What Does the CEO Think About You?

Feb 6, 2008

You would probably be very surprised to know what the CEO of your organization thinks about you. Rather than having a negative view, most CEOs I have spoken with believe you have almost magical powers. They assume you know where talent is located and how to find it. They assume you are well connected to the business goals of the organization and are striving to find candidates who are good cultural and technical fits.

They also assume you know the language of business and both understand and speak it fluently. It is a language centered on business concepts and a handful of assumptions they make daily. Many of our issues may simply be that we don’t speak or understand that language as well as they think we do.

For example, CEOs instinctively move toward the action that will maximize profits and minimize costs or expenses. To them, this is as basic as breathing, and they often don’t consciously even realize that they have moved in that direction. However, many recruiters and HR professionals focus more on process or on how a candidate feels about a given action, and they emphasize these over profits in presentations and conversations.

For example, I might hear a recruiter say, “I felt that the extra time spent with that candidate was worth it because he will now say nicer things about us to other potential candidates.” A CEO might instead phrase it this way: “Spending a few extra minutes with the candidate could result in our firm making two or three additional hires because of the positive comments we’ll get. That would mean we’d be able to spend less on advertising and make hires faster.”

They are really saying the same thing, but the focus and the language are different.

Here are four other things a CEO thinks about you:

CEOs Think You Know and Respond to Their Business Priorities

A business priority is defined by Ram Charan, Harvard business professor and author of an outstandingly valuable book called What the CEO Wants You to Know, as “the most important action that needs to be taken at a certain point in time.”

Sometimes, this is hiring people as fast as you can; other times, it’s hiring only the absolutely A+ players. And sometimes, it’s not hiring at all. Priorities can change quickly, and CEOs expect that you know that and are prepared to react accordingly. Most CEOs would be shocked to learn that their recruiters or their HR department had not anticipated a change in priorities and made adjustments. If we are connected to the business strategy and understand the priorities of the business units we support, this should be automatic. Yet, how often do you find yourself scrambling to get on board well after a situation has arisen?

Having an Investor Mentality

Do you think the same way an investor in your company would think? Your CEO has to think like an investor and make choices, even unpopular ones, that give investors confidence. CEOs have learned how to balance internal needs with investor sentiment. They focus on improving business processes and finding ways to cut costs. They assume you think and act the same way. They are actually confused when you request expensive tools (e.g., Applicant Tracking Systems and Human Resource Information Systems (HRIS)) without showing how they will add to the profits or improve the investor perception.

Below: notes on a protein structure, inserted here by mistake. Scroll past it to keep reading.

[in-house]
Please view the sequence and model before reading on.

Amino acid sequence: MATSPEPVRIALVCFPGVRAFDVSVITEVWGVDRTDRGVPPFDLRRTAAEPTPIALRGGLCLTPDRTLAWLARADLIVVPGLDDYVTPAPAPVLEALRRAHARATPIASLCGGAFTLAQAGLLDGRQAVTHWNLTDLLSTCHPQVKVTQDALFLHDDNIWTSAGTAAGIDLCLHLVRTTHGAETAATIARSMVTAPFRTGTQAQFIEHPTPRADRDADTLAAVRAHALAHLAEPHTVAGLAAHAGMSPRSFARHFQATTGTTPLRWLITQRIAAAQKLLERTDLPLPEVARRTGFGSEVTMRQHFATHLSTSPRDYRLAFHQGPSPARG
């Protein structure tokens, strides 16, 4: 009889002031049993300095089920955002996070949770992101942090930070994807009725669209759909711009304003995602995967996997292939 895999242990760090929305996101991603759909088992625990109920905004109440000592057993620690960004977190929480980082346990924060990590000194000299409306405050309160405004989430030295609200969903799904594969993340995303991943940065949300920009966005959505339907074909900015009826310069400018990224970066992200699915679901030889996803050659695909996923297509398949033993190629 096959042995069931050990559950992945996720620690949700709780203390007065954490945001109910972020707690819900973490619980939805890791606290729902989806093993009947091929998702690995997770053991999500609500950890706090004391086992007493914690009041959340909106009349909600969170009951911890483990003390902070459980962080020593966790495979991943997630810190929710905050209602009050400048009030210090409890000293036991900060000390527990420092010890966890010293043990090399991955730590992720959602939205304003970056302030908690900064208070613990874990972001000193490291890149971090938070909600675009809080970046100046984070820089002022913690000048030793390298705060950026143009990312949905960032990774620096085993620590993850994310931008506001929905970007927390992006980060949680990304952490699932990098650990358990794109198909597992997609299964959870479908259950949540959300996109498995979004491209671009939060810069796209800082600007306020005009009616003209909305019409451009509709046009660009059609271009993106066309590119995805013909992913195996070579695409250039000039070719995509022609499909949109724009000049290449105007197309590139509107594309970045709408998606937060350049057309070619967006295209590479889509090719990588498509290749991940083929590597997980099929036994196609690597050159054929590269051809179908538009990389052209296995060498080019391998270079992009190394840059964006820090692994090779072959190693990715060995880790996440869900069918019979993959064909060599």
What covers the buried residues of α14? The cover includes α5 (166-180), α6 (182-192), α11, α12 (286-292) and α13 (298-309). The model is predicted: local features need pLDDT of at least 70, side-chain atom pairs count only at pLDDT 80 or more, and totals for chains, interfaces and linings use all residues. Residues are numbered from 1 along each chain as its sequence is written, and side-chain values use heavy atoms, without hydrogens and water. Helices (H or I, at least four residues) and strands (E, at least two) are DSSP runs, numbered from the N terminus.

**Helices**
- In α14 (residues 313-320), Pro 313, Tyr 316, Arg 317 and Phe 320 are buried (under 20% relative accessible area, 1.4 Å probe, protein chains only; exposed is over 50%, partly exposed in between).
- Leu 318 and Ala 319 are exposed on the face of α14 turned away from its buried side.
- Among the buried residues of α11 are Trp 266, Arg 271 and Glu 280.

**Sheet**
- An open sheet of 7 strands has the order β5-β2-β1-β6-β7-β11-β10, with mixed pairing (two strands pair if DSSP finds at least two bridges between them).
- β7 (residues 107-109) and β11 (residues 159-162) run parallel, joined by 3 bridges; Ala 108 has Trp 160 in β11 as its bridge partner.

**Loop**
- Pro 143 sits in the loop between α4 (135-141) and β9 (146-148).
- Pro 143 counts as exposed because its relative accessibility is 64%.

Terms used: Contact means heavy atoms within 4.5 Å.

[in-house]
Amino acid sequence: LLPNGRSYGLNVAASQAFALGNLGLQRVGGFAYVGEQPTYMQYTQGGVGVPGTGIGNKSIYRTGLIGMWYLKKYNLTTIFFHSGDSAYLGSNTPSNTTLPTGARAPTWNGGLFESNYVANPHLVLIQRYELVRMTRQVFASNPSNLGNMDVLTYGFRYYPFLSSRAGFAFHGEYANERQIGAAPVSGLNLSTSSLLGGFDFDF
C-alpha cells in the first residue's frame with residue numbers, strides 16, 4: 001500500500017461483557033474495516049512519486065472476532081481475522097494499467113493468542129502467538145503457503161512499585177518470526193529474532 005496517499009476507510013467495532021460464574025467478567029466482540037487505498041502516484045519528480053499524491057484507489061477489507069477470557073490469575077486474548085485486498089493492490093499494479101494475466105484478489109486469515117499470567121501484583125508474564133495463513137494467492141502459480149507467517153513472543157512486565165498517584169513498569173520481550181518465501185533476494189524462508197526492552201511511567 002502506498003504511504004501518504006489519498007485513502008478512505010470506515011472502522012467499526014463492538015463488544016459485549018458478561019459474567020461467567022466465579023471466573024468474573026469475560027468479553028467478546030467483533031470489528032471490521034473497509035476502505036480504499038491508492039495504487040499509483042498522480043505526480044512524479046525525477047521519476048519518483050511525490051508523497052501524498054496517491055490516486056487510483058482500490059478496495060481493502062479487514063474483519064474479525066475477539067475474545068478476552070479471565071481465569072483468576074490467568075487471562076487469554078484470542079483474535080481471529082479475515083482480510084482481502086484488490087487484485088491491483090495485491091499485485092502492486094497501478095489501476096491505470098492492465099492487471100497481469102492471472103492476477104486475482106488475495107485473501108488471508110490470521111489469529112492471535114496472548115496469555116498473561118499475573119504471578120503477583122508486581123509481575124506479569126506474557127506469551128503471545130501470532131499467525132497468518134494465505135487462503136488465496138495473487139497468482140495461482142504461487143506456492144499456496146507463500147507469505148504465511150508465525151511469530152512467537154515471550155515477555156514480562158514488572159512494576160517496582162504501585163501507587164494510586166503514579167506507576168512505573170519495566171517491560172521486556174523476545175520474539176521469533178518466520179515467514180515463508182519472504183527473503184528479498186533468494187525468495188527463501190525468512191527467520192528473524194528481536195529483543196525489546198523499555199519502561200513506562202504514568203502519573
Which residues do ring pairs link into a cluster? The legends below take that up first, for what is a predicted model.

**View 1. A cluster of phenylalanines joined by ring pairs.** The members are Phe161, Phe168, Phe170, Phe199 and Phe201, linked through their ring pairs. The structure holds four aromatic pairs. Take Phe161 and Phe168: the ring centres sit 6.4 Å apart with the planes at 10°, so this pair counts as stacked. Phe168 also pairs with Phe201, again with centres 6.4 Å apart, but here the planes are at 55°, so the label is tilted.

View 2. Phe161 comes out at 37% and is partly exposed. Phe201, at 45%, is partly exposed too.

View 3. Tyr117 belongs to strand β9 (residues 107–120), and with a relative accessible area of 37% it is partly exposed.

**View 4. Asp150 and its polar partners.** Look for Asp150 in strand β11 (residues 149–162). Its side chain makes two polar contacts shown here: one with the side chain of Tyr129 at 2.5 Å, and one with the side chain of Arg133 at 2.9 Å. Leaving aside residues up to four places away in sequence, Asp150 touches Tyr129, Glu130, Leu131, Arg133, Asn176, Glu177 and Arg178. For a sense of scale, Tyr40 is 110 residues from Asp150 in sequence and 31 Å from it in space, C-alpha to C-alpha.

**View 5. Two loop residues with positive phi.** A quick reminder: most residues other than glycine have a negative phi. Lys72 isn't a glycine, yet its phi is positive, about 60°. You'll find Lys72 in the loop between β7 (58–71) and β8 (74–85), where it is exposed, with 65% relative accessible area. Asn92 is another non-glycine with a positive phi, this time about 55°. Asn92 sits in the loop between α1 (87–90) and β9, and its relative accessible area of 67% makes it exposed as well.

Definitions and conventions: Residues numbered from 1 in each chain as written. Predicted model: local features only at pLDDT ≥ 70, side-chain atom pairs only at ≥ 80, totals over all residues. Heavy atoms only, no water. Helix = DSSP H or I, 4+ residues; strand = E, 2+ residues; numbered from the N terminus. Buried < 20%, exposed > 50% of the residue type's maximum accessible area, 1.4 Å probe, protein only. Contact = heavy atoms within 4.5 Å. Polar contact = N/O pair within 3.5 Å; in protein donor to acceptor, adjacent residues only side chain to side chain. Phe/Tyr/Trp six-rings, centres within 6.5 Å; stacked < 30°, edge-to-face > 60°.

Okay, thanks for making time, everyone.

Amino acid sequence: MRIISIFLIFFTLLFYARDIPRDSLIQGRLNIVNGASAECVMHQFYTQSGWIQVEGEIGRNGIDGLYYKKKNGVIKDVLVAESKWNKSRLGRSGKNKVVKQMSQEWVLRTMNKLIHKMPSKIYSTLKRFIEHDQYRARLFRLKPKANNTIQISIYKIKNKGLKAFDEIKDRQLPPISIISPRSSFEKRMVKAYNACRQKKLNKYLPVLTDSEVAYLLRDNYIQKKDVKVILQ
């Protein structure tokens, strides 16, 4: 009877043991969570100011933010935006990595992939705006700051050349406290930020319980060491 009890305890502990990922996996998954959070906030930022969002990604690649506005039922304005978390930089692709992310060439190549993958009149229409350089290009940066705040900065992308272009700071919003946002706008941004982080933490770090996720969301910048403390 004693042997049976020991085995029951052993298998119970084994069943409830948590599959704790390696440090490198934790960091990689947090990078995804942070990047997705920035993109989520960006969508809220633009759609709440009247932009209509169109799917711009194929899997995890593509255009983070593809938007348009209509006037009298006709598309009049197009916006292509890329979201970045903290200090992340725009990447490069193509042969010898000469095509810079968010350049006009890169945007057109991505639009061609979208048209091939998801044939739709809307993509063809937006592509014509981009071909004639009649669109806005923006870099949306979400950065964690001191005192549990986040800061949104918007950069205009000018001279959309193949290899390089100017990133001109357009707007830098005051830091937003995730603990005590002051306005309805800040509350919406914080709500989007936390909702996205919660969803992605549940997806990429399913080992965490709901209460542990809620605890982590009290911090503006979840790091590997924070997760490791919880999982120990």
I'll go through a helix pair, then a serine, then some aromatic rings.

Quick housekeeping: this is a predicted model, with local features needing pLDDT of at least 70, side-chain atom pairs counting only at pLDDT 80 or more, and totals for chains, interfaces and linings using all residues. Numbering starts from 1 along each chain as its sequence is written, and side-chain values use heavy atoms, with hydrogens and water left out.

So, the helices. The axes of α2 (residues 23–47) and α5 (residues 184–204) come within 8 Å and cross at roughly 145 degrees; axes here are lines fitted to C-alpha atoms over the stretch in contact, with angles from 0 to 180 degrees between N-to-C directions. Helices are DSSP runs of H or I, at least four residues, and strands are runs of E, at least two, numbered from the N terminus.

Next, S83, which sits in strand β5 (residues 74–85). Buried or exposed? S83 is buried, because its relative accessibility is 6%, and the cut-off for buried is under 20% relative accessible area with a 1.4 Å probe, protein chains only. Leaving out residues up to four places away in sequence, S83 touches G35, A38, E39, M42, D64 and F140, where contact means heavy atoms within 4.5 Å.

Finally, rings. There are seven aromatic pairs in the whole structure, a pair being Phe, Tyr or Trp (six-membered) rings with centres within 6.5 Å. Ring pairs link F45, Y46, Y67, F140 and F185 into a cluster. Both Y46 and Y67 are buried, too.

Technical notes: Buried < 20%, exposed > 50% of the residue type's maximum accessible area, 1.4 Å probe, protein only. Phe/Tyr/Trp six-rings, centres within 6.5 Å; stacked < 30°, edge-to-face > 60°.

Their focus is often on how an investment will add to the bottom line or how a decision will save costs. You have to understand that your CEO thinks you are doing the same.

Focus on execution and on saving money, and present the request for the HRIS as a way to reduce the need for support staff. Show how the system pays for itself over some time period and, if the math doesn’t work, drop the idea.

Quality Counts More Than Ever

Yes, every CEO I know believes in and supports total quality. General Electric’s Six Sigma program and the Black Belt training are ubiquitous. Again, your CEO most likely will assume you are also emphasizing quality and establishing your own “black belts.” Have you asked yourself what an absolutely first-rate, 100% “defect-free” recruiting process would look like? What would it “buy” your organization? Have any of us used this slower time to think about this and begin to set up a Six Sigma recruiting process in our firms?

Knowing How You Fit into the Strategy

The CEOs I work with assume that all departments know how they contribute to the big picture. You are expected to present what you will do to help the firm achieve its strategic goals, imperatives, or whatever you call them. Talent strategies are critical to every organization. If the CEO cannot get the talent she needs to execute a strategy, the strategy will fail and, along with it, the organization. That is why I see some firms challenging recruiters and HR when it comes to formulating and carrying out a talent strategy. They are looking at you to lead the effort.

You must know how you fit into the overall vision of the firm, and you must show how you can contribute to achieving business success. That means showing how what you do will increase the profits of your organization.

While it may be comforting to know that CEOs are more positive about you than you thought, you have to earn this continued respect. It will take continuous focus and communication to ensure that your CEO maintains that impression over the next few months of economic turbulence.

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